Amartya Sen won the Nobel Prize in Economics for his work on the philosophy of economics. My own intellectual life was greatly influenced by the good fortune of attending a lecture Sen gave to my undergraduate department my sophomore year, and I spent the next few years working my way through as much of his writing as I could. Much of it was way over my head, but a few books really helped me understand his concepts. Of these, I personally considered Commodities and Capabilities to be the one that did the most to make Senist philosophy comprehensible to me, and it would be the starting point that I would point a student to if I were trying to introduce someone to Sen (this is not a hypothetical; I just ordered a replacement copy specifically for this purpose).
If you cannot get Commodities and Capabilities, then you could also go with The Standard of Living as a decent introduction, especially if you want to approach his ideas from the standpoint of utility theory. Sen pulls everything together in his masterwork, Ideas of Justice, but I wouldn't want to read that without an introductory book like Commodities and Capabilities.
So I strongly recommend this book as a good point to start reading Sen. But what if you don't know yet whether you want to read Sen?
I have tried many times throughout the years to give a short summary of Senist thought, and it is not easy. I am going to offer four basic points:
1) Sen is heavily influenced by Rawls, and much of his writing can be seen as a reaction to Rawls. (In his comments on a collection of essays on the capabilities approach, Measuring Justice, Sen noted that he felt as though he were being lowered into a pit to fight Rawls, and that if he had to do so, he insisted on wearing a Rawls t-shirt into the fight.)
2) One of Sen's main points of departure from Rawls is in looking for a theory of justice that allows you to compare different states of the world and evaluate incremental change, instead of focusing on a world of ideal justice.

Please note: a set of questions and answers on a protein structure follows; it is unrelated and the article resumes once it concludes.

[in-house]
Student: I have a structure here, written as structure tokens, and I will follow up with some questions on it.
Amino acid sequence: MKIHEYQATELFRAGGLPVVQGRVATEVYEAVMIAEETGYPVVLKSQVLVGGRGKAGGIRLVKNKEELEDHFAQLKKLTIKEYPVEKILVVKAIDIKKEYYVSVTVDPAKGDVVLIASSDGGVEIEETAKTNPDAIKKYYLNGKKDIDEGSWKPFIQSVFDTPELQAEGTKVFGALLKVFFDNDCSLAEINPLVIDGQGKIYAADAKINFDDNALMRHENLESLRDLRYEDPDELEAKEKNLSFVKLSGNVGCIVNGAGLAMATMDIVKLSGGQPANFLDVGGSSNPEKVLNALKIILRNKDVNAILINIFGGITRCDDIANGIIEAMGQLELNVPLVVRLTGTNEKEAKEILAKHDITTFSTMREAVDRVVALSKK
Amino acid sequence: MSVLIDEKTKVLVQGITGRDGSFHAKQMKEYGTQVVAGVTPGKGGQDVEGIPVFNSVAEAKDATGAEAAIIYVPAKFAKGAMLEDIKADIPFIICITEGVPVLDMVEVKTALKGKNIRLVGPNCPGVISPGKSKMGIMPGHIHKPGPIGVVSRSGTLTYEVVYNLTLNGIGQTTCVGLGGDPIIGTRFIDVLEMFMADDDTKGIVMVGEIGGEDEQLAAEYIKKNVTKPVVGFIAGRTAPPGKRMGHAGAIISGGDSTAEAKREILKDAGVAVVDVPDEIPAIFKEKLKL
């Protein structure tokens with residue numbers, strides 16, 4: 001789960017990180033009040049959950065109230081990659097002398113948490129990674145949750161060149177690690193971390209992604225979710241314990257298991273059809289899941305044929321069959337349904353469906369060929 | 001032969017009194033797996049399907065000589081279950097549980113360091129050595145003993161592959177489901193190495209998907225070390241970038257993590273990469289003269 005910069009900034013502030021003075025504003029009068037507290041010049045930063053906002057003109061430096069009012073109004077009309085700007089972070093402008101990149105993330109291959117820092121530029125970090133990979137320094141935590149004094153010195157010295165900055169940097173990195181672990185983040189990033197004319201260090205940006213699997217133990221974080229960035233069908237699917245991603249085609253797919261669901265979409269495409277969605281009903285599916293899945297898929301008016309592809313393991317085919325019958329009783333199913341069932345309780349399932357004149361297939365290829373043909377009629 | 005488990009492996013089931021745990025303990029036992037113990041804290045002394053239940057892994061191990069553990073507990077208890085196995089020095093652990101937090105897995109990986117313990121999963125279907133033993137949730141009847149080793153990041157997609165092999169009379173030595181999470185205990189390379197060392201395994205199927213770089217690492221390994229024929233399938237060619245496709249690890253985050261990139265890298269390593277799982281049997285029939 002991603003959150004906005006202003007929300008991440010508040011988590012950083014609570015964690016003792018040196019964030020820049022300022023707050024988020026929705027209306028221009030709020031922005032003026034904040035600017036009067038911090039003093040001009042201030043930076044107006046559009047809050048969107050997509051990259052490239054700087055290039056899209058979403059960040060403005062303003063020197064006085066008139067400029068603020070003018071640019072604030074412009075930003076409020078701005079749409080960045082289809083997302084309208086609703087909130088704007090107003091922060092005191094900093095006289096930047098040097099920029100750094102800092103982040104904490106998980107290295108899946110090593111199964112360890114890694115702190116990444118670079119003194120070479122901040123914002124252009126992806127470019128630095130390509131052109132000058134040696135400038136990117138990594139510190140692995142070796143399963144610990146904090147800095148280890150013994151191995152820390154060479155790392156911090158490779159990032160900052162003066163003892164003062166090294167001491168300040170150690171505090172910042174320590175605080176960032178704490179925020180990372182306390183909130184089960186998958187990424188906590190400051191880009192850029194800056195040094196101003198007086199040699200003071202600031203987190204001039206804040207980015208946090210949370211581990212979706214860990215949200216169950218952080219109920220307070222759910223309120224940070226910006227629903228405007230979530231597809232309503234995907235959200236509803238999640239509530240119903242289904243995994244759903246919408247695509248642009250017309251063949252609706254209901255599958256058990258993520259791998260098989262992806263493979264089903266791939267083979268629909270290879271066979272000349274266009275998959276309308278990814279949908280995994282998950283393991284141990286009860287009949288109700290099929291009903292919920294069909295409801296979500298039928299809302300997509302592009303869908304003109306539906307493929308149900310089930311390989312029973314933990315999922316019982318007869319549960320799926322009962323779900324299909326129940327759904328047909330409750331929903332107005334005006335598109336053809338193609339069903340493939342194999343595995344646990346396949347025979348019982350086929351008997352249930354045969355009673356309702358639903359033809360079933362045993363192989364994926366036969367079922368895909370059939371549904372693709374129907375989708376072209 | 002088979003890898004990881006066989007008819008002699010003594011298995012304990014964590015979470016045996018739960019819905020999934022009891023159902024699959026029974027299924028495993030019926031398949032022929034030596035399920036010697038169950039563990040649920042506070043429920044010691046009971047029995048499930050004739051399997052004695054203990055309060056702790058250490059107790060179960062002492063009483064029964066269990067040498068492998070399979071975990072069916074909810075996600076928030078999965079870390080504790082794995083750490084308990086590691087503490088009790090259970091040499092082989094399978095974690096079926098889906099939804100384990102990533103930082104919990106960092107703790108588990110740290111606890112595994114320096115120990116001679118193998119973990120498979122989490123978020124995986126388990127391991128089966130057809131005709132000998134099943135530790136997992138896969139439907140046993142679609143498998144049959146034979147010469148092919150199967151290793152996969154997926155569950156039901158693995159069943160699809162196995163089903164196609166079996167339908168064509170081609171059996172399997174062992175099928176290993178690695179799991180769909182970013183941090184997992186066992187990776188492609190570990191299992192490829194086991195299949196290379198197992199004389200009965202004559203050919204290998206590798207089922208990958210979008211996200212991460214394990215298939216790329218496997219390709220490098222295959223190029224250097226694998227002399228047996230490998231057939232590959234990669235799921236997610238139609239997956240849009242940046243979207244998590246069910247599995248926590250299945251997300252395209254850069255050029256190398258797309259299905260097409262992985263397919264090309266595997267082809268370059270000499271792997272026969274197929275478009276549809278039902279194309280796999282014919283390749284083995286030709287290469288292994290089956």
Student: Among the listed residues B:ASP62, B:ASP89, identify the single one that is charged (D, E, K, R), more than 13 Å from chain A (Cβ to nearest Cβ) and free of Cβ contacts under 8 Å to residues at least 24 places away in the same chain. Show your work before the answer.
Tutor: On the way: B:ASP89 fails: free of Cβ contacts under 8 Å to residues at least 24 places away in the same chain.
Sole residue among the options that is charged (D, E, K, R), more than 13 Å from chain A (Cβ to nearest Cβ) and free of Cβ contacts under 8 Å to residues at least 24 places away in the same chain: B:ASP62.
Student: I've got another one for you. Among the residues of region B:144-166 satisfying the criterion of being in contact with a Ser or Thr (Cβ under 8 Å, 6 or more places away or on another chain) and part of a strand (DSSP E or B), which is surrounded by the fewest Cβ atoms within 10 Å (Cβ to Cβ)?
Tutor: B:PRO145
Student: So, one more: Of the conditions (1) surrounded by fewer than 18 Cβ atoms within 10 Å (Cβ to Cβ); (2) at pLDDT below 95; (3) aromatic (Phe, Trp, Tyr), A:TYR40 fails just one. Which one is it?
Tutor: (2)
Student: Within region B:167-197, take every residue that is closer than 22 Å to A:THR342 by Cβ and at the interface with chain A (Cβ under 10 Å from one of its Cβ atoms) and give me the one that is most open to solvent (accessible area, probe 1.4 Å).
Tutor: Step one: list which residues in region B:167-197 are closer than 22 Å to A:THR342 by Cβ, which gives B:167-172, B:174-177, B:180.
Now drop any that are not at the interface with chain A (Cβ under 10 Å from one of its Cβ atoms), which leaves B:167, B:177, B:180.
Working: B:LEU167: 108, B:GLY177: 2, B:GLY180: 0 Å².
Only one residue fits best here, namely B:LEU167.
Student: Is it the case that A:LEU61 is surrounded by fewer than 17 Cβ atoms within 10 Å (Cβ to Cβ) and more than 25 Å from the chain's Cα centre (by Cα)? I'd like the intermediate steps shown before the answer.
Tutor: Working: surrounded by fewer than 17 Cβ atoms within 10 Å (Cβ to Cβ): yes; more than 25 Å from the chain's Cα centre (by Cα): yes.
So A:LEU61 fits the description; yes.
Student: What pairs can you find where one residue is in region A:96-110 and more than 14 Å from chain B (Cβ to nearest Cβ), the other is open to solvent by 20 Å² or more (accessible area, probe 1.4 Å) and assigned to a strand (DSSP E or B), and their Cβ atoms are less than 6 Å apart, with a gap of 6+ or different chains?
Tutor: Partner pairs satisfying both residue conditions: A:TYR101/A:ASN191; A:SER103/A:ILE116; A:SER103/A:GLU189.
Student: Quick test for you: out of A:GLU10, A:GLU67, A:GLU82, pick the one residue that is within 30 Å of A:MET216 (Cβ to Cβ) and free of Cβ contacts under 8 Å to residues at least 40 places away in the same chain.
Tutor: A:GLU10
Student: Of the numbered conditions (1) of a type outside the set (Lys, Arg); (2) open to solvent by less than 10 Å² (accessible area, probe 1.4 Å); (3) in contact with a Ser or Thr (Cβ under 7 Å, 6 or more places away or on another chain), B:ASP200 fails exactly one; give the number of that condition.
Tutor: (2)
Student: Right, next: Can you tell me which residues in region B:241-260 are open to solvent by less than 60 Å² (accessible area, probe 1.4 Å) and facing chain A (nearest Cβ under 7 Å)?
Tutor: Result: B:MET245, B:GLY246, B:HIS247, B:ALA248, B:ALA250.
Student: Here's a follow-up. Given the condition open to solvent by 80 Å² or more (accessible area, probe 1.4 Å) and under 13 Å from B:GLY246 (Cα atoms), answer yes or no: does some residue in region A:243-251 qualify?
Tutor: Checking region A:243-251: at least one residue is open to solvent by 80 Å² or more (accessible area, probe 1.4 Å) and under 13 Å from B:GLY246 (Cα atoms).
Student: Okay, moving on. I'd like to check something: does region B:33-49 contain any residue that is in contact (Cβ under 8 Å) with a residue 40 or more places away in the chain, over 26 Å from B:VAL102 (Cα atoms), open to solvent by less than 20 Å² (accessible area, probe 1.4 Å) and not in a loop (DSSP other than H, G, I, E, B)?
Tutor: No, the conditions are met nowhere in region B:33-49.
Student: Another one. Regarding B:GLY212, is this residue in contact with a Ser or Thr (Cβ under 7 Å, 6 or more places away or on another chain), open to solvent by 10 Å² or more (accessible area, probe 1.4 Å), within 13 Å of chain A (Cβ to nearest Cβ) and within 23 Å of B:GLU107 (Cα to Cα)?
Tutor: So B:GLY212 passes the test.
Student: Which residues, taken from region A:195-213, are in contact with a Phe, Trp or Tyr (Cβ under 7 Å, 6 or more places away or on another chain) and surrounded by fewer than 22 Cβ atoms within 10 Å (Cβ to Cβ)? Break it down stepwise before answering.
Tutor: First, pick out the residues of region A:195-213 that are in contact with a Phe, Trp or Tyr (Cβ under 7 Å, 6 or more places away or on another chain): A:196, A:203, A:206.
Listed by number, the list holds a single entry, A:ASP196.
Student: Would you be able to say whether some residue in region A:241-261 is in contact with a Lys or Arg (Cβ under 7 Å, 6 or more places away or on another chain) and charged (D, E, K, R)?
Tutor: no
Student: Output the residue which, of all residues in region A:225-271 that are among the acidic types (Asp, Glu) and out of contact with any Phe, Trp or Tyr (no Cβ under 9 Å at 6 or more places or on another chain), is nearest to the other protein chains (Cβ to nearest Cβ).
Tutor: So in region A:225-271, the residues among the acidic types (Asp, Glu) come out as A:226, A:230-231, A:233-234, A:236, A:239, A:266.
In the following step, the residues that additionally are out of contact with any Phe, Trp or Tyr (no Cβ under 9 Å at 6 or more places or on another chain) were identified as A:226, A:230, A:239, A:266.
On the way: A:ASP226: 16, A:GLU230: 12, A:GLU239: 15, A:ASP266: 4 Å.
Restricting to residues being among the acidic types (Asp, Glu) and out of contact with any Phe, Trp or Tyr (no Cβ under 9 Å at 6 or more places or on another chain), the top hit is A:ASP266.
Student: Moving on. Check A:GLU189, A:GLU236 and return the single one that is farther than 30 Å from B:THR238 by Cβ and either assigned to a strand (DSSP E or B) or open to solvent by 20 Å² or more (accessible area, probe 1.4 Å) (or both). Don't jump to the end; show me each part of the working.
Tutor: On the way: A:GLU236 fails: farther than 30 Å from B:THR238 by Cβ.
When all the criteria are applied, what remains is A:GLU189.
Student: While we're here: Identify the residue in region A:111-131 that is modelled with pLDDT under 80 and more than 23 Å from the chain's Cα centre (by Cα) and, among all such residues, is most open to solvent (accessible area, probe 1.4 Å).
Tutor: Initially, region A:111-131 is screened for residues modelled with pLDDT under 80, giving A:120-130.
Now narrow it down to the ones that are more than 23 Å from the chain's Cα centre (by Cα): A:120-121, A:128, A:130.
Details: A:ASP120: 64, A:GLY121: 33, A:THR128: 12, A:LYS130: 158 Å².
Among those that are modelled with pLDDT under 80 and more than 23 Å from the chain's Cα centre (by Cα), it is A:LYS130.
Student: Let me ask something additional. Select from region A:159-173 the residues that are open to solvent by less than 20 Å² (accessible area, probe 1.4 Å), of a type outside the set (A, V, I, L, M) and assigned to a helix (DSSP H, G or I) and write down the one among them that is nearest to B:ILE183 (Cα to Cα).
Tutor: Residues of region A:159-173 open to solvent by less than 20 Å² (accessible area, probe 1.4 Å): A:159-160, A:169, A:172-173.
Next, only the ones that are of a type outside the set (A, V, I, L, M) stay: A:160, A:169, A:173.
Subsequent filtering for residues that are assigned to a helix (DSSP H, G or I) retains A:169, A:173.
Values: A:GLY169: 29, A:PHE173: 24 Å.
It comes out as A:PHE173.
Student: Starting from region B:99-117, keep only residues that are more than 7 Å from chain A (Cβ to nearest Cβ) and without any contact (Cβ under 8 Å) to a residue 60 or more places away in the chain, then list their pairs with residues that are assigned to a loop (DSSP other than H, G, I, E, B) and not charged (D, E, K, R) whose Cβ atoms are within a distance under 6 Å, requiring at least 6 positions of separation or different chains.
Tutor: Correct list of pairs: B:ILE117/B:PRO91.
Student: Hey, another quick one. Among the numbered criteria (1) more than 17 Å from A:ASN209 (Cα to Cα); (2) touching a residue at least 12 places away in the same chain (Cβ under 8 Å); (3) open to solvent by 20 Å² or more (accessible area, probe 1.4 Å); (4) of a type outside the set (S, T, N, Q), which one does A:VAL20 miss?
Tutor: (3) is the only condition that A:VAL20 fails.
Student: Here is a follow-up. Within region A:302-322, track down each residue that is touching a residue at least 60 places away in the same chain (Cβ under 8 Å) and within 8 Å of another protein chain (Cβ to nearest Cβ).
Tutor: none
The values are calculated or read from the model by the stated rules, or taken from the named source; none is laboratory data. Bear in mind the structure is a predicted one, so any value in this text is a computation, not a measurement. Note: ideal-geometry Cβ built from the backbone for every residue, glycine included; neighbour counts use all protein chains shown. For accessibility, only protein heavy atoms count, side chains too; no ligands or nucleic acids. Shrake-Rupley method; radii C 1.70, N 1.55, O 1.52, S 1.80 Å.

3) Sen deeply respects differences across individuals, especially regarding their preferences and needs. This leads him to react strongly against measuring well-being in terms of the actual goods you have. For example, he often discusses the very different justice implications of somebody starving because he owns no food v. somebody starving because he is choosing to undergo a religious fast. (This is hardly a new idea, of course. In the middle of the lecture I saw, Sen decided he wanted to quote Adam Smith on this point, and asked someone to find the relevant passage by looking up the term "linen shirt" in the index to the Wealth of Nations. Do it.)
4) This leads Sen to perhaps his most famous point, and the point that his book focuses on: that we should evaluate human well-being not in terms of what people have but in terms of their capabilities, of "what they can be and do." Capabilities might include things like "walking down the street without shame."
Sen aggressively avoids suggesting a definitive list of key capabilities, which is probably wise of him; I think that he wants to focus on the bigger picture of what a theory of justice should look like, without getting into endless fights over specifics of implementation. Nonetheless, I think it helps a great deal to understand Sen if you look at Martha Nussbaum's more concrete application of his work, either Women and Human Development (which is quite relevant to men as well!) or Creating Capabilities.
If you're only going to read one book of Sen's, it should be The Idea of Justice. But you could probably read both Commodities and Capabilities and The Idea of Justice more quickly than you could read just The Idea of Justice by itself.